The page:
There’s a lot of conjecture of late around the future of print media – both books and newspapers. There is a large range of e-readers on the market, on which people can store and access millions of books, and internet news is undermining the relevance of newspapers which are always a day behind. Personally, I would rather read a tangible item than stare at a screen – but e-books are proving to be extremely useful and convenient.
For example, recently I read the novelisations of both The Spy Who Loved Me and Moonraker. I say novelisations because, when those two films were released it was felt they diverged so far from their source material that they warranted new books being published. Christopher Wood, a scriptwriter on both films, wrote the novelisations and he does a sterling job of bringing the silliness of the films back down to earth. As a credit to Wood, the standard of the books does not lessen in quality in the same way the films did, and he even manages to make James Bond in space seem somewhat credible. For me, these two books have helped the e-book prove its purpose. I was able to access The Spy Who Loved Me and Moonraker, which have been out of print in English for 30 years, because they’ve both been recently released as e-books. So, I installed the Kobo app on my iPad, bought and downloaded the two books, and sat down to a very enjoyable Saturday afternoon. If not for Kobo, I doubt if I would ever have read them.
The necessity for a new published version of The Spy Who Loved Me stemmed from Ian Fleming’s stipulation when he sold the rights to his original novel that only the title be used – the author having been so embarrassed by the thoroughly lacklustre contents of his own work. Accordingly, the producers devised an entirely new story that has become an audience favourite and is often hailed as Roger Moore’s best Bond film. The film centres on James Bond’s efforts, in a détente partnership with Major Anya Amasova of the KGB, to recover three stolen nuclear submarines from the clutches of megalomaniac shipping magnate Karl Stromberg. The film features setpieces the likes of which had never been seen in the series before, and set a new level for excitement that the films which followed it would be hard pressed to match.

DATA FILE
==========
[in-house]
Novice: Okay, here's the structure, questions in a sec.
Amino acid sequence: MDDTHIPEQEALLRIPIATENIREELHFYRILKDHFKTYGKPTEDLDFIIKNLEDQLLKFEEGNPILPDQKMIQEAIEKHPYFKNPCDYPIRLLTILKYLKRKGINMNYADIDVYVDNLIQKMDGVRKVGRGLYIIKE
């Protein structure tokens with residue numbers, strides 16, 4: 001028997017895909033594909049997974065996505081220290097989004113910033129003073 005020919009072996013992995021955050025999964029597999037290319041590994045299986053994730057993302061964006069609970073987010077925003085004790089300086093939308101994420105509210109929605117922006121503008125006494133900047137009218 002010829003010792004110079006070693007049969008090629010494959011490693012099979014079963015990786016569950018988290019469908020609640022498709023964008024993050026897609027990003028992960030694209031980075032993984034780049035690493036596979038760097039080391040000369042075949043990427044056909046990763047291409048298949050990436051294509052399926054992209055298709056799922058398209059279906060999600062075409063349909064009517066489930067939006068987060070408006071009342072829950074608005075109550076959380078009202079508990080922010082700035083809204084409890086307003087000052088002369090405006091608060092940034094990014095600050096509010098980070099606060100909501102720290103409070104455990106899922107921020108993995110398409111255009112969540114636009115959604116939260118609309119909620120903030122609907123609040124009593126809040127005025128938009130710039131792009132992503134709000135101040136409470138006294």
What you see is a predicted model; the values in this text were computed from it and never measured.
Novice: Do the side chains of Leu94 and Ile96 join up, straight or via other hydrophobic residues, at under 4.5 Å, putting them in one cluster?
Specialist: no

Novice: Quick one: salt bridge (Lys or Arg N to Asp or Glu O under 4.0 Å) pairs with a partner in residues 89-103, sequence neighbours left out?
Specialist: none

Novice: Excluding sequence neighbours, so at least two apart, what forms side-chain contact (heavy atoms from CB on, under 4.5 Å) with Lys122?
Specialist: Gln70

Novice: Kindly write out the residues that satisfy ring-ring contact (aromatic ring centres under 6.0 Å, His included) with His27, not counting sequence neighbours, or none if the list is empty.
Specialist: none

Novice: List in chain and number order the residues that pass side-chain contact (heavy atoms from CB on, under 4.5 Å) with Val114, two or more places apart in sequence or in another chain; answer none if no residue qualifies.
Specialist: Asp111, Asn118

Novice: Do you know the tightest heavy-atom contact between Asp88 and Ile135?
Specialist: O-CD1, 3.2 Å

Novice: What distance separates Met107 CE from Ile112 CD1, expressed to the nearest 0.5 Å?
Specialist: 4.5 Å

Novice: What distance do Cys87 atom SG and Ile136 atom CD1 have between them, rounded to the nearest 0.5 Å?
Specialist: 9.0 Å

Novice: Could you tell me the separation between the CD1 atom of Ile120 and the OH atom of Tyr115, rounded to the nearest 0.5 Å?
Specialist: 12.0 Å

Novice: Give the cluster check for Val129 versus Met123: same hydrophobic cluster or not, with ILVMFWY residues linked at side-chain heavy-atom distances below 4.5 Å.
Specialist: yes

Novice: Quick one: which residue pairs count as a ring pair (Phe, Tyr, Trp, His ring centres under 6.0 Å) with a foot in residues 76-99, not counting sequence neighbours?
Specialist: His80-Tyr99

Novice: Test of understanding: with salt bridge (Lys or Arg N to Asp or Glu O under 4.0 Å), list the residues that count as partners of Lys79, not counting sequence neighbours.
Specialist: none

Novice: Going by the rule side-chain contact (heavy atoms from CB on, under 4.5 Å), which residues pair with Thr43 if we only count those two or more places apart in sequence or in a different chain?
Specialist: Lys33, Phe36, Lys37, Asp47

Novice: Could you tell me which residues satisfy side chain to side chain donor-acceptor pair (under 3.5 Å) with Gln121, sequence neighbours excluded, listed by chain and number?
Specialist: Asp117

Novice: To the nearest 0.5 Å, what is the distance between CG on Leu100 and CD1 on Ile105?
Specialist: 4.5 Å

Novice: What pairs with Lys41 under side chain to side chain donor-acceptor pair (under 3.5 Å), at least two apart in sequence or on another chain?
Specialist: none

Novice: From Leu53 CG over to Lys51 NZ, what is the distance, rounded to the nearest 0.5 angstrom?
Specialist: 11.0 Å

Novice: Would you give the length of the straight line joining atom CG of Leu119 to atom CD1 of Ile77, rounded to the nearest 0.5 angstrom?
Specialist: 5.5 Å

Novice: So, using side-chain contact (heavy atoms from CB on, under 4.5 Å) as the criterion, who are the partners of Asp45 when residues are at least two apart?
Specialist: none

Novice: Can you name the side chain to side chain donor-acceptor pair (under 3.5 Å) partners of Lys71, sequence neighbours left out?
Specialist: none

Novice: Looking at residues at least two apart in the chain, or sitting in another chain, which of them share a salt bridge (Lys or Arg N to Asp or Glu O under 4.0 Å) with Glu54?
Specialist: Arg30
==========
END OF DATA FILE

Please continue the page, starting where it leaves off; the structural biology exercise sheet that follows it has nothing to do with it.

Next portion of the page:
The novelisation of the film differs significantly in parts. It tends to be more character driven than the film; certainly there is more expansion of James Bond’s emotions, away from Moore’s portrayal of the character as an eyebrow raising class clown. Wood returned to the Fleming novels and emulated the tone and style evoked throughout Fleming’s canon, to great success. According to Wood himself, writing the book after the film was made meant he was able to change his material with hindsight. He reflects that this hindsight enabled him to go back and work on some elements with which he was unhappy, and so as a result the book is a very tightly written work with the style of Fleming but with the film’s very cinematic plot. It definitely has a much harder edge – there is more violence, and more death – and some of the decidedly sillier elements are completely left out (though readers will be pleased to know that Jaws was not amongst them). The final product, as a consequence, reads almost more like a book upon which the film was based, rather than the other way round.
When it came to Moonraker, the producers again decided to authorise a novelisation, as once again the film diverted far from its source material. Here, James Bond is once again up against a billionaire transport magnate. This time it is Hugo Drax, a man with his eyes set on repopulating the earth with a master race, from space. Bond must avert the murder of the majority of the world’s population that Drax considers inferior, and to facilitate this travels to space for perhaps the most outlandish and ridiculous Bond denouement ever put to film (even if it is a guilty pleasure for this writer).
Wood’s novelisation this time adheres very closely to the plot of the film. After the high of The Spy Who Loved Me, this book proves something of a disappointment. Mind you, it’s not without merit. Wood has gone to lengths to make Jaws seem scary, even though he was the comic relief of the film, and the trademark Roger Moore quips don’t seem as smarmy in print. However, like the film, the best part of the book is Hugo Drax. His calm and collected witticisms make the book worth reading – case in point: “James Bond. You appear with the tedious inevitability of an unloved season.” Ultimately, this book is a decent improvement on the film, but in the eyes of so many it would take more than an adaptation as a straight thriller novel to save Moonraker.
I doubt that these books appear in the “must haves” of many Bond readers; indeed, I suspect few people these days even know they exist. However, as curiosities they are surprisingly enjoyable, and with the hassle-free format of e-books, are easy to obtain without problems if you want to check them out.